Know your numbers
While it’s certainly tempting to delegate the financials to the accountant, the accountant is only running the numbers, not running your jobs. In such a competitive environment, jobs could be won on the narrowest of margins, so it’s critical that your numbers be highly accurate. Here are just a few tips to help you keep your numbers accurate and your margins healthy.
It’s easiest to combine equipment depreciation, interest, insurance, taxes and permits into an ownership cost per hour. Accurately calculating the equipment costs is important because it will drive the rate at which you bill your equipment to your customer. Most companies use average rates for machines in a given size class in order to simplify the estimating process.
Accuracy is critical because if you estimate an equipment rental rate too low, your bid may be too low to return a good margin. If your rate is too high, you may not be competitive. You should regularly review your costs and rates and make adjustments based on what’s happening in the areas where you work.
Operating costs for a machine include the costs of tires/undercarriage, wear parts (bucket edges and tips), preventive maintenance and normal wear service or repairs (fluid and filter changes). Again, for convenience, most companies convert all of this into a cost per hour. As utilization of a machine changes, operating costs need to be adjusted for accuracy.
As machines age, operating costs tend to increase. Proactive equipment management using inspections and condition monitoring can help reduce these costs over the life of the machine. Keeping accurate numbers also helps you more effectively evaluate when renting or leasing equipment makes more economic sense than ownership.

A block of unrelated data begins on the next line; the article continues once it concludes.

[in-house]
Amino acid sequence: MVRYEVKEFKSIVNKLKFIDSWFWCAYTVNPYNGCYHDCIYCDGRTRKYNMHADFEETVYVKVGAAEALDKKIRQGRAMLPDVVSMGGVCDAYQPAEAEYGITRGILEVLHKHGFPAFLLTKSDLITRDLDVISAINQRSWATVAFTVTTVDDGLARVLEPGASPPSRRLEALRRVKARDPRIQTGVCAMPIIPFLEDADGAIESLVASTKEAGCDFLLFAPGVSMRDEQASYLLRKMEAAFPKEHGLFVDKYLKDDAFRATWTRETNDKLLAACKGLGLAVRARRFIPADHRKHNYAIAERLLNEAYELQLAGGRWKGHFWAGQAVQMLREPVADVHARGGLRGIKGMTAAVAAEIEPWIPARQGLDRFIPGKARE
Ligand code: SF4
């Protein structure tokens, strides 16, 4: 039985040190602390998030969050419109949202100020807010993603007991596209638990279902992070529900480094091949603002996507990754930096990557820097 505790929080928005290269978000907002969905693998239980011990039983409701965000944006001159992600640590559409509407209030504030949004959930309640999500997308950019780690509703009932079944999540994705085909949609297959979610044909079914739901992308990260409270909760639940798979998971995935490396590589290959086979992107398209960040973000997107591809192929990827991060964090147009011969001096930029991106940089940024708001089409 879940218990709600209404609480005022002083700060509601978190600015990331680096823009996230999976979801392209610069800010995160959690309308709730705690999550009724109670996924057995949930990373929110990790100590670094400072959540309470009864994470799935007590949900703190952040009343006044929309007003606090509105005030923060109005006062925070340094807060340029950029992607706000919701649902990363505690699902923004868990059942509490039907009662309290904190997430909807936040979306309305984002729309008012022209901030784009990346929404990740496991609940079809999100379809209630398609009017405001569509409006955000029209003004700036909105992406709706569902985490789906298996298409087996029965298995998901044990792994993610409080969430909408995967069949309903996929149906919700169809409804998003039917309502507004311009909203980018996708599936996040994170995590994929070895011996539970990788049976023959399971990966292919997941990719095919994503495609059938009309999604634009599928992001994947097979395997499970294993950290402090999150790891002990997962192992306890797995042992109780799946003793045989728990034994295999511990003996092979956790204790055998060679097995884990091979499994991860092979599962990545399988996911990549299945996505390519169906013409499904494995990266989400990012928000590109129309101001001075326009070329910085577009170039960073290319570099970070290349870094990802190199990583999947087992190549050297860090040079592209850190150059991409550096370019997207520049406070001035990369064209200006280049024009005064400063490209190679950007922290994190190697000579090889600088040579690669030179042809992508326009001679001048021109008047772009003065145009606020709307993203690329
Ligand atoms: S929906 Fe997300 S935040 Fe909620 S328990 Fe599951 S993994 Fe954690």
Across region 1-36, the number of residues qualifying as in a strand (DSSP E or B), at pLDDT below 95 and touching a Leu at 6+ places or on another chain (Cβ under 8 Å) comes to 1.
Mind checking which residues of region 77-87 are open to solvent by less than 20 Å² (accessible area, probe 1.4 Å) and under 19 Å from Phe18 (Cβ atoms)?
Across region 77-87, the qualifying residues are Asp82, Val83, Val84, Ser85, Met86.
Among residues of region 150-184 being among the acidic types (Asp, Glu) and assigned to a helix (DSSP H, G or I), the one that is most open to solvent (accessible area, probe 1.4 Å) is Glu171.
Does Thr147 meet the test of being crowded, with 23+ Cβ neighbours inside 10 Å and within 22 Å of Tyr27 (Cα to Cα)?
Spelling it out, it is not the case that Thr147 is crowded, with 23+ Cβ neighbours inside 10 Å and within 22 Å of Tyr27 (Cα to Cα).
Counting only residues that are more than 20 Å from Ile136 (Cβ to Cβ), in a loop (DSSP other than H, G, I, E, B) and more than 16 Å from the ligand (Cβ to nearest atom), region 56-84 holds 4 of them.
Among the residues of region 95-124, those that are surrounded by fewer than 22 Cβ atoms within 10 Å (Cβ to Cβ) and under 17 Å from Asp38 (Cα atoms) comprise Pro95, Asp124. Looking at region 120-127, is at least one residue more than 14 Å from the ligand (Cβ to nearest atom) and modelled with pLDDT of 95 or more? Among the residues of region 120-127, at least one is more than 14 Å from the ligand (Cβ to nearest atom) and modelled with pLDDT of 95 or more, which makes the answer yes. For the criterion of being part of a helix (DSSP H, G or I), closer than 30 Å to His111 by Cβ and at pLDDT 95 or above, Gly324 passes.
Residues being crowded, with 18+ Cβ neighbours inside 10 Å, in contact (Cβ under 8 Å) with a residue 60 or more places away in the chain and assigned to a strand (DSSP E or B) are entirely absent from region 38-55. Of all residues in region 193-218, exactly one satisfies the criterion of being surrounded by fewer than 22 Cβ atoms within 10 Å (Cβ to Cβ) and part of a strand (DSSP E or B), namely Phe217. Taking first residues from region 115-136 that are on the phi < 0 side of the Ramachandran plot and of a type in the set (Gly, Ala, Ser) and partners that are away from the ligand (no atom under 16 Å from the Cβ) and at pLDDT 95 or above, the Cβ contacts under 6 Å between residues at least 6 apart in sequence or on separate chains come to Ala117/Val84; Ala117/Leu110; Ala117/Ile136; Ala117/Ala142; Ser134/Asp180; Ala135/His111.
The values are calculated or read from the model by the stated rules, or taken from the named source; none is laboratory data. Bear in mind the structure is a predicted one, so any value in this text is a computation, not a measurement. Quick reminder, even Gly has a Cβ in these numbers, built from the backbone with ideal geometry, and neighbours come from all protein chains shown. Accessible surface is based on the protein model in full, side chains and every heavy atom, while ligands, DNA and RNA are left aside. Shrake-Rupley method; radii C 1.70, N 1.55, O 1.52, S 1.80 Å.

While keeping accurate costs in this area seems straight forward, there are a couple of areas where it’s easy to miscalculate. Labor burden is one of them. Labor burden includes all the fringe benefits such as health insurance, payroll taxes and workers’ compensation insurance. Insurance premiums can vary greatly and change at least annually, so it is critical that you and your accountant review and validate the numbers on a regular basis.
If you have your own shop or maintenance area, be sure that you are aware of any compliance requirements such as disposal, so that you can avoid any penalties for non-compliance in areas such as waste management (coolants, lubricants, batteries, tires) or proper storage of fluids and chemicals.
Direct labor, sub-contractors, materials and fuel calculations will have the highest degree of accuracy when you do a thorough job of scoping and clarifying the job requirements. Some areas that are often miscalculated are procurement costs, transportation costs and regulatory costs.
Procurement costs can get off track when you’re working with new suppliers or when things are moving quickly and price and delivery dates are not accurately confirmed. Materials that don’t arrive on time can disrupt an entire project schedule, add costs or eliminate the opportunity for completion bonuses.
While transportation costs may include transport of equipment to and from the job site, it’s easy to overlook the cost of your company vehicles. It’s also important to regularly verify costs if you’re using transport contractors, as they are constantly adjusting their costs to accommodate items like rising fuel prices.
Getting good margins and keeping them that way takes relentless, accurate management of all your owning and operating costs. Know your numbers and watch them grow.
Are you in the know?
Here are some additional numbers you should know to accurately manage your costs. Take a look at this list and see how many of your numbers you know.
- Your gross and net profit
- Average margins on similar types of jobs
- Your annual sales volume
- Average number of bids per month
- Your win-loss record on bids
- Bid volume required to keep you running at a profit
- Target margins per month/quarter/year
- Monthly cash flow
- Accounts receivable aging
- Weekly payroll